In the film you drop several clues that let the audience know there’s a degree of self-awareness—that you know what you’re putting your characters through. The running joke, no pun intended, of keeping Claire in heels through the entire movie, for example, is jokingly acknowledged in one scene.

She never takes them off. Look, it’s what she wore to work that day. And believe me, running barefoot in those situations would be far more dangerous! I like to think that if I have any skills, my self-awareness levels are high and that allows me to make a movie where I can trust that the audience is highly intelligent, and is constantly three steps ahead of the story, and try to engage in that chess game a little bit.

Do you consider Claire to be a feminist character?

It certainly didn’t strike me as any kind of feminist storyline. I saw it as someone going from being a very corporatized person who’s focused on that need for profit, to someone who becomes very human. And is able to dig deep and channel the animal inside of her. I can see that because the character’s a woman, we’re going to get into a different set of conversations. But I welcome those conversations. I don’t believe that a female character needs to surrender her femininity in order to be an action hero.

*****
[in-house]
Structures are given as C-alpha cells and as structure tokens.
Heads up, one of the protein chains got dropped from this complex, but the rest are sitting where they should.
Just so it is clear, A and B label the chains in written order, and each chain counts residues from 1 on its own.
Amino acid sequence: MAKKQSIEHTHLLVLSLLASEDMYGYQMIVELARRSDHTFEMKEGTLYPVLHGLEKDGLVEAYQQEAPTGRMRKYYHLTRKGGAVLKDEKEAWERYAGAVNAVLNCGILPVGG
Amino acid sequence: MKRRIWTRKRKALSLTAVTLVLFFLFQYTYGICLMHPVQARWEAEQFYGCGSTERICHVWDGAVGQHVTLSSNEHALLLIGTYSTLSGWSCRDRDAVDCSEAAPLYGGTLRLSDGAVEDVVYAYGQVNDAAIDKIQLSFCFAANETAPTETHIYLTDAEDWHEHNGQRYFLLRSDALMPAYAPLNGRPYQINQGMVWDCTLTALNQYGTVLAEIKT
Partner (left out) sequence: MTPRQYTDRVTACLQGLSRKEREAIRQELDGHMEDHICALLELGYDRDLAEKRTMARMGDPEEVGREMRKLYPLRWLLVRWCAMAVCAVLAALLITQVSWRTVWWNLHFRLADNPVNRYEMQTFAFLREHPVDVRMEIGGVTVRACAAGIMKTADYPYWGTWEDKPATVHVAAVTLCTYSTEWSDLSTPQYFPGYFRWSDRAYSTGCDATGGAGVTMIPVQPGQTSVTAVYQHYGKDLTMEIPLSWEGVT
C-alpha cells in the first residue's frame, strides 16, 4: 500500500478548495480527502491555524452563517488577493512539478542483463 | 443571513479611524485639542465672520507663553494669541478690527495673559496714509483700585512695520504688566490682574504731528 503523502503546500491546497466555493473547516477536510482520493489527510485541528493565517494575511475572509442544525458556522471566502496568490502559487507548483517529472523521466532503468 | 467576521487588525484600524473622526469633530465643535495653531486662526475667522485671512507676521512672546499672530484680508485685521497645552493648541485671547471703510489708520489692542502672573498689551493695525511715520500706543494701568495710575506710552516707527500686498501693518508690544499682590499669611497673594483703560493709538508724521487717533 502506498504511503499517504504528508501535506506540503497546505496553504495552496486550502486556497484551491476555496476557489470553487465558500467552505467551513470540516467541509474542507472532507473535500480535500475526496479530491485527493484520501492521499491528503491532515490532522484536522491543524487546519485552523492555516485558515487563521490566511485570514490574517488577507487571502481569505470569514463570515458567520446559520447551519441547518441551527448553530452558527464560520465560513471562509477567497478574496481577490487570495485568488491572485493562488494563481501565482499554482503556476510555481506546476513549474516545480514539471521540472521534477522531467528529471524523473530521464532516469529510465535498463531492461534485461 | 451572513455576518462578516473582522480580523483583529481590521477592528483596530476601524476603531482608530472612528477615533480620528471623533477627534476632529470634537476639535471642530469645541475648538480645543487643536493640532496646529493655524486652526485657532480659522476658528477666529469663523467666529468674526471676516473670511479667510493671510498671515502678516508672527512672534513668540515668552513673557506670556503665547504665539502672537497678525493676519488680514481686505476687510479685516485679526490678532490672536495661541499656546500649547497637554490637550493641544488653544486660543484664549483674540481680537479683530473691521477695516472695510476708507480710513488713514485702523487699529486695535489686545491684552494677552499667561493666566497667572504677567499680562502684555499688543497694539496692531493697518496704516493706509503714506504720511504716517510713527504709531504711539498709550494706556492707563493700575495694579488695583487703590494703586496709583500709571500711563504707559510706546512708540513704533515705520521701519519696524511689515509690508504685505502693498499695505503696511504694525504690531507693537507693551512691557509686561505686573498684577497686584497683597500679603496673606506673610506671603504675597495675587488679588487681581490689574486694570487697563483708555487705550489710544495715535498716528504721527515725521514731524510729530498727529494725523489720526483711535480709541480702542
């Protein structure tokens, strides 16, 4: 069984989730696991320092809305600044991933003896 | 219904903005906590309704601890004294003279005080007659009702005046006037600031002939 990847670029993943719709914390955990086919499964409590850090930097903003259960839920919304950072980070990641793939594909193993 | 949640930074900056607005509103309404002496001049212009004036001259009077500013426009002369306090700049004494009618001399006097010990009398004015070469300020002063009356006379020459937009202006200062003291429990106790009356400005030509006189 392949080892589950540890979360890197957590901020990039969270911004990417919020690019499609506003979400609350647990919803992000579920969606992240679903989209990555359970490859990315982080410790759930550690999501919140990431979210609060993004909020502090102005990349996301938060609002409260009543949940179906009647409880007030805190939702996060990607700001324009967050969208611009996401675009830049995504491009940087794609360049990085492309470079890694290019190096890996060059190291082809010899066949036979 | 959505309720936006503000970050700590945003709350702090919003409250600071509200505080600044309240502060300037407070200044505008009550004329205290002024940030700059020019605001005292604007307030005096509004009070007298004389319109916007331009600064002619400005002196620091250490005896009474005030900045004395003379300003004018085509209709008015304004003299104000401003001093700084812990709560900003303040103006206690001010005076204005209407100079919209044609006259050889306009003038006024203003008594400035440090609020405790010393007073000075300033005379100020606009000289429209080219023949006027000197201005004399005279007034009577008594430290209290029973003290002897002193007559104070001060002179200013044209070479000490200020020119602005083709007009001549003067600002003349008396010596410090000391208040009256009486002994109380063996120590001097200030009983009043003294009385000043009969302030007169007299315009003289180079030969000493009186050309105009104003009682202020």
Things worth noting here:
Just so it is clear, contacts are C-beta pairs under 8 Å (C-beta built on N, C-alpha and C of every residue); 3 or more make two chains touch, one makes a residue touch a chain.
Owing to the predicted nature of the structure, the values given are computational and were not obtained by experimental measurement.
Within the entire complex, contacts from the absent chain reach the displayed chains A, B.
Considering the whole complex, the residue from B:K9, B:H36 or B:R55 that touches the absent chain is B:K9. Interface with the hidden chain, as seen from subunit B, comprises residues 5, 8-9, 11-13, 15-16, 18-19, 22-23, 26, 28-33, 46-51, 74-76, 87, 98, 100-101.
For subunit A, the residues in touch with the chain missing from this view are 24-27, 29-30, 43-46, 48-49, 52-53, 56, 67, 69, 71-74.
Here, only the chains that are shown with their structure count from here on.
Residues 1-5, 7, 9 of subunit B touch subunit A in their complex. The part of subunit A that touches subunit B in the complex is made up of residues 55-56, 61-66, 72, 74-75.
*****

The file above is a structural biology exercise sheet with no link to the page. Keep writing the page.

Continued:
The best of them don’t, actually.

Some do. I thought Charlize Theron was awesome in Mad Max, and that was a very masculine kind of hero. But I think Bryce is awesome in this and she’s a female who remains very feminine throughout the movie. I think it can exist both ways.

Ellen Ripley, Sarah Connor—arguably the two best female action heroes in movie history—both embrace their maternal instincts to realize their full potential.

If Claire gets to be mentioned in the same sentence as those iconic women in film, then we will have won.

The discussion over whether Claire is a feminist character or not might depend on how closely audiences pick up on these clues you’ve written into the character.

And Bryce has some pretty thoughtful things to say. Hopefully it doesn’t have to be too much of a defense. Hopefully we present the character in a way that makes it clear that we really respect that character, and that she’s the lead of the movie, which the marketing doesn’t necessarily reveal.

Right—she’s not the one riding alongside Velociraptors on all the billboards.

But the story starts with her and it ends with her. We never actively thought about what we were saying with that, it’s just what felt right and natural. In a lot of ways she’s responsible for this place, and it’s on her. Yeah, on the day, I did say, “Let’s get a close-up of her heels running with the T-Rex right behind it”—just because I thought it would be awesome, not that I was trying to make a particular statement. But I embrace that conversation.

Avengers 2 director Joss Whedon publicly criticized that scene between Bryce Dallas Howard and Chris Pratt that some felt was sexist. Out of context it was difficult to understand if that was accurate criticism or not.